In Town of Atherton v. California High Speed Rail Authority, the state’s 3rd District Court of Appeal ruled that the California High Speed Rail Authority had to comply with CEQA for part of the development because of the market participant exception to federal ICCTA pre-emption.
If the Supreme Court rules that the ICCTA broadly pre-empts CEQA, that will clear the path for high-speed rail, Henry said. For crude-by-rail shipments, he said, it would discourage challenges to railroads putting in new tracks.
If the court decides that the federal law doesn’t always pre-empt CEQA, that could mean more CEQA-based challenges to rail projects, he said.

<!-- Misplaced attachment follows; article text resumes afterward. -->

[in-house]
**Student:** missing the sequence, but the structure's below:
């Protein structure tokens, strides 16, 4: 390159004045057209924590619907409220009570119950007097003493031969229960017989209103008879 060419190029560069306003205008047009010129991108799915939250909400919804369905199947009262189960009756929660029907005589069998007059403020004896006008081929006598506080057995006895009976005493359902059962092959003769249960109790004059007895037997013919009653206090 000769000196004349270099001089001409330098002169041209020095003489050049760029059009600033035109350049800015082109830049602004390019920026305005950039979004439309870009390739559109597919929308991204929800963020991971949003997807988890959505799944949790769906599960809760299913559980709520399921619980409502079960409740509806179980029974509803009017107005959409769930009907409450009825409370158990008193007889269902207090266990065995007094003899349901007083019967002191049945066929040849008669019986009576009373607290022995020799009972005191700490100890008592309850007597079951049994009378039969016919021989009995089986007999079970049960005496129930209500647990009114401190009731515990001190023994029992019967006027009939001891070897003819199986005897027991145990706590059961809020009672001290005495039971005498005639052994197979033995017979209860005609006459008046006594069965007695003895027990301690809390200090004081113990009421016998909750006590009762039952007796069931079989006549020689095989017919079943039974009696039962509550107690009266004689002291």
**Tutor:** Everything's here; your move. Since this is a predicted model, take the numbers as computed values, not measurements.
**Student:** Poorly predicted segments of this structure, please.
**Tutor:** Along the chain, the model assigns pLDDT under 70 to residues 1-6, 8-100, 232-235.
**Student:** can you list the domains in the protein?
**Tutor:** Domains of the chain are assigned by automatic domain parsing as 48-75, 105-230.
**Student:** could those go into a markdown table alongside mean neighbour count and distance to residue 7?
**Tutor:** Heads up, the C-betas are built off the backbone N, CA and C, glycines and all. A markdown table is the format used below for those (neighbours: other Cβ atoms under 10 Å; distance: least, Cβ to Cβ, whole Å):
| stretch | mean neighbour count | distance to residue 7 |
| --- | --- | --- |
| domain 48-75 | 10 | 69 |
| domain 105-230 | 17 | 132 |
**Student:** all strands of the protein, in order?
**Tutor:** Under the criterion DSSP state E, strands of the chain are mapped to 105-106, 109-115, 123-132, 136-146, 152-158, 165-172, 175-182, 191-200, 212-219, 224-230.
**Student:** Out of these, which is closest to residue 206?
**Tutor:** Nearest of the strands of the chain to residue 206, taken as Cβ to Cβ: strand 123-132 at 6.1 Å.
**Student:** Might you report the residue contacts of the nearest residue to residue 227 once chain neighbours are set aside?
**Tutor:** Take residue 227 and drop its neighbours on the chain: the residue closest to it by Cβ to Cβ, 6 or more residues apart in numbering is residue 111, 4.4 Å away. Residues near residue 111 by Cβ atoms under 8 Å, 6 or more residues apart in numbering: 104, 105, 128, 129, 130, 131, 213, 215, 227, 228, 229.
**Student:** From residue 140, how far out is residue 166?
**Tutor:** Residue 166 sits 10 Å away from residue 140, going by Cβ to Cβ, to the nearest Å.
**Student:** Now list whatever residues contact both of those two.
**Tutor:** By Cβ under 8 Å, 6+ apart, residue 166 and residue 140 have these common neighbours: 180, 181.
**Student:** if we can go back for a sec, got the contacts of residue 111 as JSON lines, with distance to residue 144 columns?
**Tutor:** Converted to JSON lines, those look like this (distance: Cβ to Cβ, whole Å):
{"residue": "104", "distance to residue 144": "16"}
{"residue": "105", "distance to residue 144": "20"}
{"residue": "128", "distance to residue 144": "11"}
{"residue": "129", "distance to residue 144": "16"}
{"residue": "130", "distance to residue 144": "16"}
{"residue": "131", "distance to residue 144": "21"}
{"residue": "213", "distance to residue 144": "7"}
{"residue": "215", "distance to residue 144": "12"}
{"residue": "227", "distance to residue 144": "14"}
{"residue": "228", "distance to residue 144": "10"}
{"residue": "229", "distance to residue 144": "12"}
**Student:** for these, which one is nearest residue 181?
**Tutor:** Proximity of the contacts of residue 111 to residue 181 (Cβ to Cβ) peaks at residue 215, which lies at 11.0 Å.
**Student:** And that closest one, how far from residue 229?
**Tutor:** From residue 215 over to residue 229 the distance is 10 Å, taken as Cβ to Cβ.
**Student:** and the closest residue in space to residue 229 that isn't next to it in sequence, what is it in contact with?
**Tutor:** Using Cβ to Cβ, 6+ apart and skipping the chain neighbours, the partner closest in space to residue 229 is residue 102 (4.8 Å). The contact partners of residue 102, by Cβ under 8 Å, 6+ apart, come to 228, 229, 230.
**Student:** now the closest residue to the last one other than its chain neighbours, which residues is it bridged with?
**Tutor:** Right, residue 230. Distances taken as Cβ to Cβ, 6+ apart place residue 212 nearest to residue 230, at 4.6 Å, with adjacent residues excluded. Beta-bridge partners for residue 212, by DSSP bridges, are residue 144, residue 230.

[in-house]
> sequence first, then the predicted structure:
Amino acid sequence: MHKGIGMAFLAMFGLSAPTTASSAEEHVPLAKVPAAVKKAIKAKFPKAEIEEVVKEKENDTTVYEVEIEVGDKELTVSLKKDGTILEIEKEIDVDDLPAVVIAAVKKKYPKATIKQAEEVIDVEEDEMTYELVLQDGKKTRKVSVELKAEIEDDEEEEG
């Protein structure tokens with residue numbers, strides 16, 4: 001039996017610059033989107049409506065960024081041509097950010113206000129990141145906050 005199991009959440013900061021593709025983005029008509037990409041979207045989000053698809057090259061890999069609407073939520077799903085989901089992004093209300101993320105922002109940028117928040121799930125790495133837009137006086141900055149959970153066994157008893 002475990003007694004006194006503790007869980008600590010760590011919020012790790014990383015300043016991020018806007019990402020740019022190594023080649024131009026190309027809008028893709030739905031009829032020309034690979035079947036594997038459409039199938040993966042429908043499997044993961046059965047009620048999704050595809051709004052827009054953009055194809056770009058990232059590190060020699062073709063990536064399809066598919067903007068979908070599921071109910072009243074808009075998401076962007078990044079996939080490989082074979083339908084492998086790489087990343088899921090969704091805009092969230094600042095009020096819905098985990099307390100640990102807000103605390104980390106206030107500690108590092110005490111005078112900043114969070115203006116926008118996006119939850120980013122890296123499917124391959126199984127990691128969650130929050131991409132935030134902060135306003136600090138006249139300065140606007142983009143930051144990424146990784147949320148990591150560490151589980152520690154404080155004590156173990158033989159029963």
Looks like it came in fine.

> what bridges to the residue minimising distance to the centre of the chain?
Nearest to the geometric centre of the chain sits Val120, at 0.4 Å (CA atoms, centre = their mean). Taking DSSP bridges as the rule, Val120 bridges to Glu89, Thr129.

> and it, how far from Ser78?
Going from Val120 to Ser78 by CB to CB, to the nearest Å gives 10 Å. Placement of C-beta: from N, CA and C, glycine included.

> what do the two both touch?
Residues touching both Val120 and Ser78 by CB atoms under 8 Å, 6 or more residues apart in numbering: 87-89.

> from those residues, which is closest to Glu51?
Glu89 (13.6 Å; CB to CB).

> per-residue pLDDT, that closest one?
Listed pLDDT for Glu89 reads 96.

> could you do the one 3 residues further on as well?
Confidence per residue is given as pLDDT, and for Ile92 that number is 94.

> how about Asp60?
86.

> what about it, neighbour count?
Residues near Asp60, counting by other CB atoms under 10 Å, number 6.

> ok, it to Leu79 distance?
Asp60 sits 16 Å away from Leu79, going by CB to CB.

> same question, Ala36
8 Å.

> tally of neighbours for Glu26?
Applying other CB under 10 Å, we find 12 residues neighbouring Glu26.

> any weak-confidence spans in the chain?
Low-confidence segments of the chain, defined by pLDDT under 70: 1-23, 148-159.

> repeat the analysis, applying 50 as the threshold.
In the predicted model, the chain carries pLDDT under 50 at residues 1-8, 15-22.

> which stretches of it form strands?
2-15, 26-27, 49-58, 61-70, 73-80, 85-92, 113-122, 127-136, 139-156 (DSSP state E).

But Henry said he’s inclined to believe the high court will rule that the federal pre-emption does apply.
"There has been a tendency to sort of reign in some of the aspects of CEQA over the last few years," Henry said.
CEQA ruling on single-family homes
The California Supreme Court already has made an important recent ruling involving CEQA.
In Berkeley Hillside Preservation v. City of Berkeley, a group of homeowners had wanted CEQA to apply to a new home that was larger than others nearby. But the court earlier this month agreed with a lower court’s decision that an existing exemption to CEQA for single family homes should mostly remain intact, regardless of the size of the house. Under the court’s ruling, opponents of a project must show that it will have negative environmental impact to force an EIR.
"The issue in the case winds up being pretty significant" because it covers so much development in the state, said Tony Francois, senior staff attorney with Pacific Legal Foundation, which advocates for property owner rights. "The court said that single family homes are exempt unless there’s an unusual circumstance that shows that the project will have environmental impacts."